The Saints have an even bigger need at cornerback, but with the stock of North Carolina State cornerback David Amerson falling, they would be better off waiting until a later round to draft a cornerback and address the need of a defensive tackle here.
The St. Louis Rams really need to improve their pass protection, having given up 18 sacks in their first six games this season. That improvement all starts at offensive tackle, and if the Rams can upgrade at left tackle, they can move Rodger Saffold over to right tackle and become much better at the position.
Texas A&M’s Luke Joeckel stands out as the best offensive tackle in the 2013 draft class if he declares, and would finally give the Rams the premier blindside protector they need for Sam Bradford.
The Rams could be reluctant to use another high draft selection on an offensive tackle, as it would be their third selection of an offensive tackle in the top 33 picks of the draft in the past five years, but otherwise, they would be getting one of the best players in the draft class while addressing a position of need.
The St. Louis Rams really need to upgrade at safety, and could make a big upgrade by selecting the best player in the 2013 draft class at that position should he declare, LSU’s Eric Reid.
Reid has terrific measurables for a safety, is fantastic in coverage and also tackles well. The Rams could really use an upgrade at either safety spot, but Reid can come in and be an immediate starter at free safety.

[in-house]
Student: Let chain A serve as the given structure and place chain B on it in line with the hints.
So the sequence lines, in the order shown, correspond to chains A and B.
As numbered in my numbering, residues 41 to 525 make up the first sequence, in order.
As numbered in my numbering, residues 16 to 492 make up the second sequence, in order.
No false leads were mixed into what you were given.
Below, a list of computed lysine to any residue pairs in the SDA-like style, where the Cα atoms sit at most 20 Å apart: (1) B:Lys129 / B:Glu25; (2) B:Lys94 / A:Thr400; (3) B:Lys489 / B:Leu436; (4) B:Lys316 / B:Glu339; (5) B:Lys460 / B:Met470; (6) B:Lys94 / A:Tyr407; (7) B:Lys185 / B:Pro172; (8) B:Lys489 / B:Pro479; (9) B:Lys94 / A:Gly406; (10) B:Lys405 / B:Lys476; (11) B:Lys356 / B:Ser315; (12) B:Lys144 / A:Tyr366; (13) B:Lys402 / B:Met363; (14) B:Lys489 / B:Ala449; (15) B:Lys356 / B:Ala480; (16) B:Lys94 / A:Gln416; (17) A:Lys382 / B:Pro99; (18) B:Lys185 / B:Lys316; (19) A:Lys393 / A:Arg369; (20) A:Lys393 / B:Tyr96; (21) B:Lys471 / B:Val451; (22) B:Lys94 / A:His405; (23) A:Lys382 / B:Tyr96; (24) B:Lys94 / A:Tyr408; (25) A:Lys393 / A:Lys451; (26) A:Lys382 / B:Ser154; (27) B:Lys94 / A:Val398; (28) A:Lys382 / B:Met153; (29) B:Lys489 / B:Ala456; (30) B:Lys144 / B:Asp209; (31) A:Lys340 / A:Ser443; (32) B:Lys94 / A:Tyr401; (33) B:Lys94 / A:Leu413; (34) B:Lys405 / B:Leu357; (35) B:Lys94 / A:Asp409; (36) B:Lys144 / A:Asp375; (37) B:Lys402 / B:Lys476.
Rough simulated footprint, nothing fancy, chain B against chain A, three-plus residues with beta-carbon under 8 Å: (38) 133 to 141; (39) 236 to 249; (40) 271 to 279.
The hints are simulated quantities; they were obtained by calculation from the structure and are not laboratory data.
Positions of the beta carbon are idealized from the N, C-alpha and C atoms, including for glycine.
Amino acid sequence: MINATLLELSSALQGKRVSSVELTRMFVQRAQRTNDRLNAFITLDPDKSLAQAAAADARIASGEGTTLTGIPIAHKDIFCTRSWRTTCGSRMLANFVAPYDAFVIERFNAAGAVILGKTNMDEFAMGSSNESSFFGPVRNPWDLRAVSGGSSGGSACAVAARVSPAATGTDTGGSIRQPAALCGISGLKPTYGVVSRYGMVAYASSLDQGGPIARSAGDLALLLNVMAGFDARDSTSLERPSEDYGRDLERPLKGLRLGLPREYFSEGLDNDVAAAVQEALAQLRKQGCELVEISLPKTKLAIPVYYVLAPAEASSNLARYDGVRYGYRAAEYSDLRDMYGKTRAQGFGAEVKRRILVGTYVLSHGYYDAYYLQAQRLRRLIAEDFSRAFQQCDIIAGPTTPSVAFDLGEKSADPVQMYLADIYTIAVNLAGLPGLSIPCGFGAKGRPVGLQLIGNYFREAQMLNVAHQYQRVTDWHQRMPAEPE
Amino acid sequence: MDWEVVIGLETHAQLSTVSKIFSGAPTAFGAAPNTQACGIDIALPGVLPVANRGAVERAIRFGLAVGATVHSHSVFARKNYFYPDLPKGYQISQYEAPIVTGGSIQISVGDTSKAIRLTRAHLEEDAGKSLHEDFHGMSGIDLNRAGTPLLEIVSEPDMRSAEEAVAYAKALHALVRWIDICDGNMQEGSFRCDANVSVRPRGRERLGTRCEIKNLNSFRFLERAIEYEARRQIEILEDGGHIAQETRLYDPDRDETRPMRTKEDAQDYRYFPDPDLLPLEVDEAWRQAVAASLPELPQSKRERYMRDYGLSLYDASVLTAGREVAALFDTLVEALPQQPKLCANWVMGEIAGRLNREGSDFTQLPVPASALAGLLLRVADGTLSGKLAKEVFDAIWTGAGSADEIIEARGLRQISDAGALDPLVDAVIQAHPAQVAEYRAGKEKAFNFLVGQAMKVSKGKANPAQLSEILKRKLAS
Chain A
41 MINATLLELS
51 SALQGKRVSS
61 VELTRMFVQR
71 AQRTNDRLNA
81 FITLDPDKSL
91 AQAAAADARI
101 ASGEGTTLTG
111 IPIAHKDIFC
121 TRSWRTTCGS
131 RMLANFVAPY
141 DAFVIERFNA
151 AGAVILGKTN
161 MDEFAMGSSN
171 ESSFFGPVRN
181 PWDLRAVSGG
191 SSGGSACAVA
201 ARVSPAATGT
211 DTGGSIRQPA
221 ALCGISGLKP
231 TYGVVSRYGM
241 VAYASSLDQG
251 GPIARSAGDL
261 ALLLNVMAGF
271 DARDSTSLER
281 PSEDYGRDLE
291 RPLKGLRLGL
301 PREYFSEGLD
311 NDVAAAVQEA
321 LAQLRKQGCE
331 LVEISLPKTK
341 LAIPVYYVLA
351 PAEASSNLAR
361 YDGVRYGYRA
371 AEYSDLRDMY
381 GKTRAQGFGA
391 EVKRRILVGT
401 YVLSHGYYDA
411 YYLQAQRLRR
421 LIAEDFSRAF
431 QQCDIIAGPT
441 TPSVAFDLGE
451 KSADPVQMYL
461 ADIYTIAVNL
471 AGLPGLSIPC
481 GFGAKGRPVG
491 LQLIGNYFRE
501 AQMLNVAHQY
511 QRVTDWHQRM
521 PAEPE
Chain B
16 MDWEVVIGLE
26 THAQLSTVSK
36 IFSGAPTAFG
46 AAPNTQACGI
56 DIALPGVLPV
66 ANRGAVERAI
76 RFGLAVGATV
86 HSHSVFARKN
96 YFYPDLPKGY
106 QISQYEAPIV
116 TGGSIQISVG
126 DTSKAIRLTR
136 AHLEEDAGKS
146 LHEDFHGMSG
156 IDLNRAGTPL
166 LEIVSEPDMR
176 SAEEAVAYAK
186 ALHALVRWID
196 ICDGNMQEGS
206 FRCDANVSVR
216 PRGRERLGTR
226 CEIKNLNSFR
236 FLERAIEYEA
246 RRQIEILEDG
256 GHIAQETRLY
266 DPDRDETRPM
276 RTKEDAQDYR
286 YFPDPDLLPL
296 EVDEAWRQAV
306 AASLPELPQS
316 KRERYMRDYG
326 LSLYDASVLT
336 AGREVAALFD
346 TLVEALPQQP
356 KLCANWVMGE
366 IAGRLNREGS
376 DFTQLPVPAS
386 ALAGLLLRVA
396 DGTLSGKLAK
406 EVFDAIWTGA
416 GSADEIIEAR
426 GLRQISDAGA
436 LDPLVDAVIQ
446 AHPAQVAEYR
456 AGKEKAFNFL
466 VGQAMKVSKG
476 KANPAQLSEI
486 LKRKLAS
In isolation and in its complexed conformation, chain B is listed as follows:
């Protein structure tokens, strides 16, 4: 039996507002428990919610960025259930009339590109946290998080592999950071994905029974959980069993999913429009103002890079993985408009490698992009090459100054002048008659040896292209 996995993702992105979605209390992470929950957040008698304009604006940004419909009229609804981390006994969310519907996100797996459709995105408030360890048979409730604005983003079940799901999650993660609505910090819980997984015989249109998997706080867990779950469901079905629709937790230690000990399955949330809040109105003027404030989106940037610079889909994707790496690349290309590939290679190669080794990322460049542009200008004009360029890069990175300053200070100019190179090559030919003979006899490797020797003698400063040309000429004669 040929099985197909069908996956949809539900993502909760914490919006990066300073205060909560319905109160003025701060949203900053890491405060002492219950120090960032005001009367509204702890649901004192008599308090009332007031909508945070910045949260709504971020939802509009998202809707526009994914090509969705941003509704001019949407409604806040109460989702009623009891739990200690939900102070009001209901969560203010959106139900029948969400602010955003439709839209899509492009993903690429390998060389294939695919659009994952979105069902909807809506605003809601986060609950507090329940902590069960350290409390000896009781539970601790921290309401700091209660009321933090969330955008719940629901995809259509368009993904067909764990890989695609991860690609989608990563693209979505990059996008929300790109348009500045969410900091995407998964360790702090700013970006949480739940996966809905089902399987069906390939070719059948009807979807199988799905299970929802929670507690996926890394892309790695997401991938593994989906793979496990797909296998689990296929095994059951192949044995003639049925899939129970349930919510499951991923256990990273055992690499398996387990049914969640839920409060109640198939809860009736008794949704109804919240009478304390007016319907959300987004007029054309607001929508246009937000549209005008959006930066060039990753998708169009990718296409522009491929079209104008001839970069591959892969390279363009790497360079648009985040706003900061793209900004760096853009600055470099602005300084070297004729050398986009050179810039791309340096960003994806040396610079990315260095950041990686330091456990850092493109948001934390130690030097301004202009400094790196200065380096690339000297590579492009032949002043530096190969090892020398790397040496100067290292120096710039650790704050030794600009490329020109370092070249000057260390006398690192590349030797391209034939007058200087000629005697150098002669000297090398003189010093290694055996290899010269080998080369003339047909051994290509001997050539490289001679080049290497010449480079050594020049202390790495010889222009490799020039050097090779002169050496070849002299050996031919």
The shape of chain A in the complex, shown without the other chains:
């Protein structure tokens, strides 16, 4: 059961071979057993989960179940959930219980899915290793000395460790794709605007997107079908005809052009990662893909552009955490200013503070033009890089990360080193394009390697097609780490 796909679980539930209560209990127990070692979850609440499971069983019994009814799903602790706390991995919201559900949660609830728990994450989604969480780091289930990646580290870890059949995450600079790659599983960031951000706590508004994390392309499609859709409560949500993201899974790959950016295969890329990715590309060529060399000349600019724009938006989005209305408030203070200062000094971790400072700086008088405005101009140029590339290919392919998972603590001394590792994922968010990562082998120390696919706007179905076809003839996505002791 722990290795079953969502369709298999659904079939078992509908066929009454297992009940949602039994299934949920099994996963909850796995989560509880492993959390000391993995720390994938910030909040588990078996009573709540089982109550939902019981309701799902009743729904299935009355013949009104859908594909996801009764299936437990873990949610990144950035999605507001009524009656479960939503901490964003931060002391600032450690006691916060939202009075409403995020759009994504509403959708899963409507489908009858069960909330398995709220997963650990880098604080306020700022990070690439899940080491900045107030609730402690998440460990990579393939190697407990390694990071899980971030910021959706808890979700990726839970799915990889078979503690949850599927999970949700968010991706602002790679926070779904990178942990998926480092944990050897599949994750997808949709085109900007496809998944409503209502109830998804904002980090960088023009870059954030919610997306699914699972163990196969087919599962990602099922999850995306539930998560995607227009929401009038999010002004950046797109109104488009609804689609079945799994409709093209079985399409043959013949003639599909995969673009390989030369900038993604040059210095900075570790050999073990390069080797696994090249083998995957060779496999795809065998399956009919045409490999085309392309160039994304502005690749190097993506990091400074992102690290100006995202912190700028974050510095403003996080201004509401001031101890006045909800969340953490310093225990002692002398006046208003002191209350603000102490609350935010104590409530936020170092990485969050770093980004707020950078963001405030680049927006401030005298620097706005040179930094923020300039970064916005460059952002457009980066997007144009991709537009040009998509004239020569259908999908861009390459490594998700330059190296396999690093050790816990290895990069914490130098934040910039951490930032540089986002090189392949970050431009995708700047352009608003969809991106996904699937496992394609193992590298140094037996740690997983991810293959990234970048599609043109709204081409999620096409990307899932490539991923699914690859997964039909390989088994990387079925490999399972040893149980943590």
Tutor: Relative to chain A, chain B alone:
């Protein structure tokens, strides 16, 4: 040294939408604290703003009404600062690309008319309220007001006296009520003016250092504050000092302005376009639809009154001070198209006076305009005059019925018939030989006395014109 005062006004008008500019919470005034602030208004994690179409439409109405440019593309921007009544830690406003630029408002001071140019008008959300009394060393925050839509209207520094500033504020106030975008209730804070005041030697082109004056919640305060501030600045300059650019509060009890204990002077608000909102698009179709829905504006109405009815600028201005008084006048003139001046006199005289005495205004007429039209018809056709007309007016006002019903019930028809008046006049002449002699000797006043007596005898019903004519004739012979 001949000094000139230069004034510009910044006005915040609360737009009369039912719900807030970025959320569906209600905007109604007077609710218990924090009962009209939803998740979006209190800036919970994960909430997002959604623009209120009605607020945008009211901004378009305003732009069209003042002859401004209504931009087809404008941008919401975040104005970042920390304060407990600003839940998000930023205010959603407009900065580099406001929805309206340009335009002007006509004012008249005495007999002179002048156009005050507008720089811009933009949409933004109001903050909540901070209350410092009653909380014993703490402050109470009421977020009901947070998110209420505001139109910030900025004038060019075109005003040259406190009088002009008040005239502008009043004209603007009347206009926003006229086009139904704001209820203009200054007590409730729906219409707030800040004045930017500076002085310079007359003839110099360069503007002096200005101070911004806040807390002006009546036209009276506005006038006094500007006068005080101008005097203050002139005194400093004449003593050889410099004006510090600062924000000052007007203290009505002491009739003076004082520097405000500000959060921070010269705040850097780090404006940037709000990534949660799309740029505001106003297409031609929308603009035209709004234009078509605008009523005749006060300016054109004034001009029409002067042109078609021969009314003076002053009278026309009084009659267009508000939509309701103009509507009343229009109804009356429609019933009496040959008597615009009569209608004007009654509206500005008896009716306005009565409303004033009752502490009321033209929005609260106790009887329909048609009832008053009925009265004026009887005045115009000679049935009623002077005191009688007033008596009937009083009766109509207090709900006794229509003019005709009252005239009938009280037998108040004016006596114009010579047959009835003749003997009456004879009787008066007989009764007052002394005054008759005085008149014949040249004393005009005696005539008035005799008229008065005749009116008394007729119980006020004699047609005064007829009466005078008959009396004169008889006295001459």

The Rams could really use another offensive playmaker, and would be passing up the top wideouts in this draft class, including USC’s Robert Woods, but Reid fills a bigger need for them.
The Arizona Cardinals’ offensive line is horrendous from left to right and easily the NFL’s worst, and if they are going to fix the unit, they really need to use numerous early draft picks on offensive linemen. The Cardinals’ best bet in the first round is to select the best available offensive lineman, and that player is Alabama’s Barrett Jones.
Jones would be a great addition for the Cardinals because they need help all across the offensive line, and Jones has experience playing all five offensive line spots. Jones could be an immediate upgrade over Adam Snyder at right guard, but the Cardinals could kick him outside to tackle or inside to center as well if need be.
The Cardinals really need a left tackle most desperately, so being able to draft one here and kick Levi Brown back to right tackle once healthy would be best. Jones is best suited to play interior line at the next level, but there is no left tackle prospect worth drafting early in the first round with Joeckel off the board.